With the funding to fintechs seeing a sharp 30 per cent drop in the June quarter, valuation is expected to shift from payments to lending-led fintechs that will get the maximum wallet share ahead, according to a report.
As against this sharp fall, funding to the sector jumped a whopping 157 per cent year-on-year growth to USD 8 billion in 2021. Most of the funding went to payments at USD 2.7 billion, closely followed by lending at USD 2.6 billion, global consultancy BCG said in the report on Thursday.
However, this is going to change as the lending segment is saddled with low margins as everyone tries to outbid each other for the market share volumes, the report said, adding that by 2025, the valuation of lending-led fintechs will jump nearly three times to 35 per cent from 13 per cent in 2021, while that of payments companies it will more than halve to 22 per cent from 50 per cent.
Credit quality continues to be a key priority for fintechs, given that the industry-wide gross NPAs hover at 20 per cent now.
The success of the digital payment story is evidenced by the gross value of over Rs 320 lakh crore in FY21. And going forward, lending is likely to become even more valued given the democratisation of data, and the valuation profile of fintechs is expected to shift from payments to lending, as per the report.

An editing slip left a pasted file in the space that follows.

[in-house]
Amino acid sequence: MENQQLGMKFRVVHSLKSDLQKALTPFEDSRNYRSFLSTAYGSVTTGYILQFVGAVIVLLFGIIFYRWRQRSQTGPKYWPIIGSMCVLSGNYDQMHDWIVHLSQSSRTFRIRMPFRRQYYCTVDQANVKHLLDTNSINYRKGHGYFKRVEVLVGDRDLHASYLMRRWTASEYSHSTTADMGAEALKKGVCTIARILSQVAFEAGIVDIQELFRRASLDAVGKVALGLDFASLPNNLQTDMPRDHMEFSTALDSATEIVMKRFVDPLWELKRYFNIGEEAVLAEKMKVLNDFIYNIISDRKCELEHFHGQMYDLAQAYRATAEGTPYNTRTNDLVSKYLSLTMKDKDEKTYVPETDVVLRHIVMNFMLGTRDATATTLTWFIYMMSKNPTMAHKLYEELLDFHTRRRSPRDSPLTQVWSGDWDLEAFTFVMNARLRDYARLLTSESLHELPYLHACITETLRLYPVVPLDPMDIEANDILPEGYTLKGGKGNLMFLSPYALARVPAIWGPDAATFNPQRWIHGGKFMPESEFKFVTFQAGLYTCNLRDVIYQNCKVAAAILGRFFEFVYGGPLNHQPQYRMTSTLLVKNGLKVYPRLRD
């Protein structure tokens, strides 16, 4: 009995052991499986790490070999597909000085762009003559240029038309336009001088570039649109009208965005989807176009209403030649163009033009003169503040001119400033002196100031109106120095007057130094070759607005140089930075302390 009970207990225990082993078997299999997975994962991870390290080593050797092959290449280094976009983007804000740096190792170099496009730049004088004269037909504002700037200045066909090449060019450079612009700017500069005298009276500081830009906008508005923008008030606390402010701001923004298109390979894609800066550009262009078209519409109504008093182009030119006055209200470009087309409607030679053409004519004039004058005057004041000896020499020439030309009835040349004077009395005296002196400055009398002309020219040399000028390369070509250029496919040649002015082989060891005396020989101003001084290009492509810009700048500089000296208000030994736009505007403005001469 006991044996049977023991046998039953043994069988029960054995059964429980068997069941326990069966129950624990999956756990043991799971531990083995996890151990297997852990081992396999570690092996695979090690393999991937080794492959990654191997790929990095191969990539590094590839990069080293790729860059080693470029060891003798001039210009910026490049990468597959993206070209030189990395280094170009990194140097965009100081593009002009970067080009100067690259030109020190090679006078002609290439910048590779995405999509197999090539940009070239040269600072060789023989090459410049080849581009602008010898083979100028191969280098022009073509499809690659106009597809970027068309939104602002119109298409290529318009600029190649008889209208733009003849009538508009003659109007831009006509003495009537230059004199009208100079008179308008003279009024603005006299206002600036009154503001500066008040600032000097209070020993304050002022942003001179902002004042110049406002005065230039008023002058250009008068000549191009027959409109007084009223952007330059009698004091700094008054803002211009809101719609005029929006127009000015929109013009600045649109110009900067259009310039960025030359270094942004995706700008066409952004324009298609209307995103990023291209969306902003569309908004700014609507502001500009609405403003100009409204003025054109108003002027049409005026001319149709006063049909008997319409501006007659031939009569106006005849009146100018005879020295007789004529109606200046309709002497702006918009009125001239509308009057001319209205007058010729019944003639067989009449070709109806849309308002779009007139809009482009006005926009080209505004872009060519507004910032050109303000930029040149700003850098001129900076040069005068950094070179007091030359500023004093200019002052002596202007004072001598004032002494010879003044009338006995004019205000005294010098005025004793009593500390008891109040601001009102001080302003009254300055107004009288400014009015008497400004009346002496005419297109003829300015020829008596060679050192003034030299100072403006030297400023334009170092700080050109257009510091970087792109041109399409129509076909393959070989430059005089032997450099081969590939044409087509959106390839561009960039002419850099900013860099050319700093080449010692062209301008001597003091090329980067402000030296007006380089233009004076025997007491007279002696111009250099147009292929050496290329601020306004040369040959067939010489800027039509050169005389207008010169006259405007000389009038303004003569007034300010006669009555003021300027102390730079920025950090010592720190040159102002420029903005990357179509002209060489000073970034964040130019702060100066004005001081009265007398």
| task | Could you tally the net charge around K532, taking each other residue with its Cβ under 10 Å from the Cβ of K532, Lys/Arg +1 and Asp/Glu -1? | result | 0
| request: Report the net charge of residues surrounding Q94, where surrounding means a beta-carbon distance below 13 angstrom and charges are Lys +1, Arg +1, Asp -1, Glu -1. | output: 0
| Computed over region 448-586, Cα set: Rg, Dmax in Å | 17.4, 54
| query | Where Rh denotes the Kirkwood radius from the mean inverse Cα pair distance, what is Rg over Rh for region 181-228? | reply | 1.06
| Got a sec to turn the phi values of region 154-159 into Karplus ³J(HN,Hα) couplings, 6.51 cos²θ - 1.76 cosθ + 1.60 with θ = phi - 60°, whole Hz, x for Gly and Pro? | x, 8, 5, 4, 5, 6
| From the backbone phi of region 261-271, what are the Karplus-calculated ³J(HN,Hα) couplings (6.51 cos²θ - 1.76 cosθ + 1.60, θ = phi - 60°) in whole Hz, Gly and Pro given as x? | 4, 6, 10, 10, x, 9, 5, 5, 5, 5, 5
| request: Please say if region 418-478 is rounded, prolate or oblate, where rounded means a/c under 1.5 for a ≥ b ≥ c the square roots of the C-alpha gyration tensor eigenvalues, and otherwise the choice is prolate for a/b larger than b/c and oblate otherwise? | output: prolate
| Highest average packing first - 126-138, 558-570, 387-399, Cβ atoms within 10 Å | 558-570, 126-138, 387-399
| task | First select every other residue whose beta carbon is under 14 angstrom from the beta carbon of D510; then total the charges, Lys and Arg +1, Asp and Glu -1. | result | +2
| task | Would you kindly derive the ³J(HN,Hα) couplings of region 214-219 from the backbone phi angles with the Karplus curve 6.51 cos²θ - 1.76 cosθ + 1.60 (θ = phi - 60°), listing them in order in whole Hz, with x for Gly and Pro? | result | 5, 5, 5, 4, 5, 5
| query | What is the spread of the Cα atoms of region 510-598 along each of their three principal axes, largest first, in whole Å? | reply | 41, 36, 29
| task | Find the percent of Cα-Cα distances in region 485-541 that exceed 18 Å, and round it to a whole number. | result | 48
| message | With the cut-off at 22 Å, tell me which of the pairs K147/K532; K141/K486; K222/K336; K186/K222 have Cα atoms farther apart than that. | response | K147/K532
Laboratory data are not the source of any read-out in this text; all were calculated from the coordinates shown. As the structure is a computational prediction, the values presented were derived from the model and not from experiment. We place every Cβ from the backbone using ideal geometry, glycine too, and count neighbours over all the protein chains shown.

On the other hand, the amount of dry-powder with institutional investors (PEs/VCs) has increased by USD 3.2 billion in the last six months, indicating the potential flow of capital with improvement in macroeconomic fundamentals.
According to BCG, P2M (person to merchants) payments market is expected to reach USD 2.5-2.7 trillion by 2026, driven by rapid deployment of QR codes, activation and adoption of the already acquired merchant base, while UPI-enablement of credit cards is set to further turbo-charge its application’s ubiquity in the digital payments ecosystem.
The buy-now-pay-later market disbursements are expected to grow to Rs 7,00,000 crore by 2026 and the rise of embedded finance is expected to drive digital payments and credit penetration in the country, the report said.
The agency lists the large addressable demand on the back of an expanding middle-class (46 per cent of all households by 2025 from 37 per cent in 2018) and rising urbanisation (36 per cent of the population in urban areas in 2022 from 33 per cent in 2017); unprecedented growth in data access with growing smartphone penetration (1,130 million by 2025 from 600 million in 2020); rising internet penetration (900 million users by 2025) and the declining cost of data, as the main growth drivers of the sector.
However, the pandemic was the biggest growth driver for the sector with UPI transaction volumes growing 2.6x between April 2020 and April 2021 from 1 billion transactions to 2.6 billion transactions.
UPI held over 60 per cent volume share of total non-cash transactions in FY22. An increase in the proportion of digital payments driven by UPI has created more digital data that enables robust underwriting for lending.
(Only the headline and picture of this report may have been reworked by the Business Standard staff; the rest of the content is auto-generated from a syndicated feed.)